Volatile fatty acids (VFAs) are the smallest and simplest organic acids [20]. VFAs can be classified as short-chain fatty acids (SCFA, C2-C6 carboxylic acids), medium-chain fatty acids (MCFAs, C7-C12), long-chain fatty acids (LCFA, C13-C21), and very-long-chain fatty acids (C22 and higher) [21, 22]. SCFAs and MSFAs are commonly involved in the anabolic process and in the energy metabolism of mammalian cells. SCFAs are produced by colonic bacteria and are metabolized by the liver and enterocytes, whereas MCFAs are gotten from triglycerides that are found, for example, in milk or dairy products [23, 24]. OAs have been used since time immemorial by humankind in the seasoning of foods and sauces, such as vinegar, and more recently has been widely used as food additives, preservatives, descaling and cleaning agents [3, 25, 26]. They can also be used as precursors of other more complex organic compounds of broad utility in fine and pharmaceutical chemistry [27, 28].

OAs have certain relevant usefulness characteristics like its preservative, buffering and chelating capacity, in addition to its traditional use as an acidulant in food formulations, and most of them are GRAS classified [9, 28]. Among others, the foremost OAs are citric, acetic, lactic, tartaric, malic, gluconic, ascorbic, propionic, acrylic, and hyaluronic acids [28]. Nowadays, citric acid is the most widely produced OA in the world [29, 30].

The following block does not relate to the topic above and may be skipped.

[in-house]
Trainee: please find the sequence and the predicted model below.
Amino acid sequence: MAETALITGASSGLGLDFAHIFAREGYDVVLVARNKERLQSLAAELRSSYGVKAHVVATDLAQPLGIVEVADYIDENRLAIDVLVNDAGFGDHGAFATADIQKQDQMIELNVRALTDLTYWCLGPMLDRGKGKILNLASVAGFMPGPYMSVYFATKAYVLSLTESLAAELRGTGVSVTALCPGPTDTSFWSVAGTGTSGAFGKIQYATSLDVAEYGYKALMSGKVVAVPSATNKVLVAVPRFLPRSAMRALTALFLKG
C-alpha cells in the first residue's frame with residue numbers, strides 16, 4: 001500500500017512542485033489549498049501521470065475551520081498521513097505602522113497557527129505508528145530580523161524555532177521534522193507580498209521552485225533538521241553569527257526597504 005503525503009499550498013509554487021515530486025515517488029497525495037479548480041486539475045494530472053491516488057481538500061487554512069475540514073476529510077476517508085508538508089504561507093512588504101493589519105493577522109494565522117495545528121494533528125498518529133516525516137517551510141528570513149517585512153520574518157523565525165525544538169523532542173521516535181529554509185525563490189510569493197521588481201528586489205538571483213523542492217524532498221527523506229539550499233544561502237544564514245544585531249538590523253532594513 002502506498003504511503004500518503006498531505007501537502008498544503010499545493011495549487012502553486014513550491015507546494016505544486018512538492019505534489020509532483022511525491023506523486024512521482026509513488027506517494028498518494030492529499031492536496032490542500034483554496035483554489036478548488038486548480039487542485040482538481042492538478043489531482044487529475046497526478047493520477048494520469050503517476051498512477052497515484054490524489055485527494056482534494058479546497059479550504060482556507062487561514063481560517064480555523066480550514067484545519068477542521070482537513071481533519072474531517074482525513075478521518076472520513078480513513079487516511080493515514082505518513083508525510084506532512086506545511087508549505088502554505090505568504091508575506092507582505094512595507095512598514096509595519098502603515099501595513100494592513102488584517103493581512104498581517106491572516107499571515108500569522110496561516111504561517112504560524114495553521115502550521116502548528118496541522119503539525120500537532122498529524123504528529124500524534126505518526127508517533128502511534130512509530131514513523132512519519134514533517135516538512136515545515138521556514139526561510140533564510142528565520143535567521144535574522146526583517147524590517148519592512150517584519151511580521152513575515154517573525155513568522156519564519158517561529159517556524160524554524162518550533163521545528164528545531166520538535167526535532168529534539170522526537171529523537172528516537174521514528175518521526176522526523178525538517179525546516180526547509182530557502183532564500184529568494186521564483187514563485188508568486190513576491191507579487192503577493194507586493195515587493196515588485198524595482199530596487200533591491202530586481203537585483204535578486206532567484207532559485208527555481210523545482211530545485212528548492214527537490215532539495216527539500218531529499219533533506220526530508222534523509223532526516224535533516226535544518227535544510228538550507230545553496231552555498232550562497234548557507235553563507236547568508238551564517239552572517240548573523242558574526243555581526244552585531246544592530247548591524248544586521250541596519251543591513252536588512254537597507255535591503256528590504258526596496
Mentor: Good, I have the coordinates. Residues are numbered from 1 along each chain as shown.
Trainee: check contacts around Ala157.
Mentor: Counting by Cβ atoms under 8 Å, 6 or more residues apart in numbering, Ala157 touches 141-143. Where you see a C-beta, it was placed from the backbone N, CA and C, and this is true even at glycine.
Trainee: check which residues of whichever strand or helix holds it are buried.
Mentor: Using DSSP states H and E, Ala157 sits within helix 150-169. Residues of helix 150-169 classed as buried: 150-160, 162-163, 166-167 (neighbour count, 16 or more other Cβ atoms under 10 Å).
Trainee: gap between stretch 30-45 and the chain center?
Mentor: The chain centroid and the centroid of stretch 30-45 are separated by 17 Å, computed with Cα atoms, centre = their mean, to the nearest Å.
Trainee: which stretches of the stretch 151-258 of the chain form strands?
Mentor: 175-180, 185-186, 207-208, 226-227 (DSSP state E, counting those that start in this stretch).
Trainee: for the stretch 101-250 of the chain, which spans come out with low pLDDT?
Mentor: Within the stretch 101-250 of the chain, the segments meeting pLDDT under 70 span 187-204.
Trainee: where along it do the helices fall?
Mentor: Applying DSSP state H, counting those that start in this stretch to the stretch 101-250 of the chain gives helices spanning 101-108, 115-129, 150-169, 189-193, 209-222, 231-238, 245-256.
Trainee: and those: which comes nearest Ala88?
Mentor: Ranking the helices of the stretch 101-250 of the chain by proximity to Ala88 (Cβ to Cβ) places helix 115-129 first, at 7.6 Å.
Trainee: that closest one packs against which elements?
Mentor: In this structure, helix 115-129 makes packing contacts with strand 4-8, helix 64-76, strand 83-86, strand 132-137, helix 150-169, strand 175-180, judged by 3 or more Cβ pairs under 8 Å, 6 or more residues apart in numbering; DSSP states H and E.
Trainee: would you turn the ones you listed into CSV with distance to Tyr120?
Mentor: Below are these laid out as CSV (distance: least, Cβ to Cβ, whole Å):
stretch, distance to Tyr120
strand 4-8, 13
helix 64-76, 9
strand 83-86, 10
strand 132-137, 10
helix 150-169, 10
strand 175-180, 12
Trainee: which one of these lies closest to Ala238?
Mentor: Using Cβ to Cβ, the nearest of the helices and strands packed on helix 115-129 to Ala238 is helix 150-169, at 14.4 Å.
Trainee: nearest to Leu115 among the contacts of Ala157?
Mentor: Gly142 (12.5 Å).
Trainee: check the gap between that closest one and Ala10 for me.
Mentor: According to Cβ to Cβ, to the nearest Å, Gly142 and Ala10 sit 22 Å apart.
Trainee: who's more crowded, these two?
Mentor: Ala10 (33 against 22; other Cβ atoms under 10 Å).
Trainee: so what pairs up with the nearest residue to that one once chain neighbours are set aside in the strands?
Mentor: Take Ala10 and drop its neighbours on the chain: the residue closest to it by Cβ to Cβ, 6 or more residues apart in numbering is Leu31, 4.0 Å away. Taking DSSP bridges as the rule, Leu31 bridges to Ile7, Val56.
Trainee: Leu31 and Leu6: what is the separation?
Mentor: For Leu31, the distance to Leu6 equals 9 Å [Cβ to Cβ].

The preferred carbon source to achieve their biosynthesis is glucose. Other sugars like fructose, galactose, maltose, and cellobiose can be metabolized for many bacteria and yeast. While cellulose, lignin, and more complex polysaccharides could be adequately transformed by using fungi [31], in this review, however, are mainly discussed the different reports showing that lactose also can be used to produce organic carboxylic acids with different uses.

2. The cheese whey and lactose

Lactose (C12H22O11, MW 342.297 g mol−1, IUPAC name: β-D-galacto-pyranosyl-(1 → 4)-D-glucose) is a disaccharide present naturally in milk and dairy products [32]. Today lactose is produced mainly as sweet whey from cheese-making industry as a by-product [33]. Lactose contents in whole milk are 4.9% for cows, and 4.8% for sheep and goats [34]. Water (94% wt.), lactose (4.5% wt.), protein (0.6% wt.), mineral salts (0.35% wt.), ash (0.5% wt.), and some traces of fat (500 ppm) and lactic acid (500 ppm) are the main components in sweet whey [35].

There are numerous technologies for the processing of the whey generated from the production of the various types of cheese [36, 37, 38, 39]. Almost all start with pasteurization of cheese whey (CW) to decrease the microbial bioburden and to reduce the degradation of lactose and whey proteins. Subsequently, solid–liquid separation stages are usually used to remove the casein micro-lumps and the fat that may still contain the CW, using clarifying and disk centrifuges, for this purpose [40].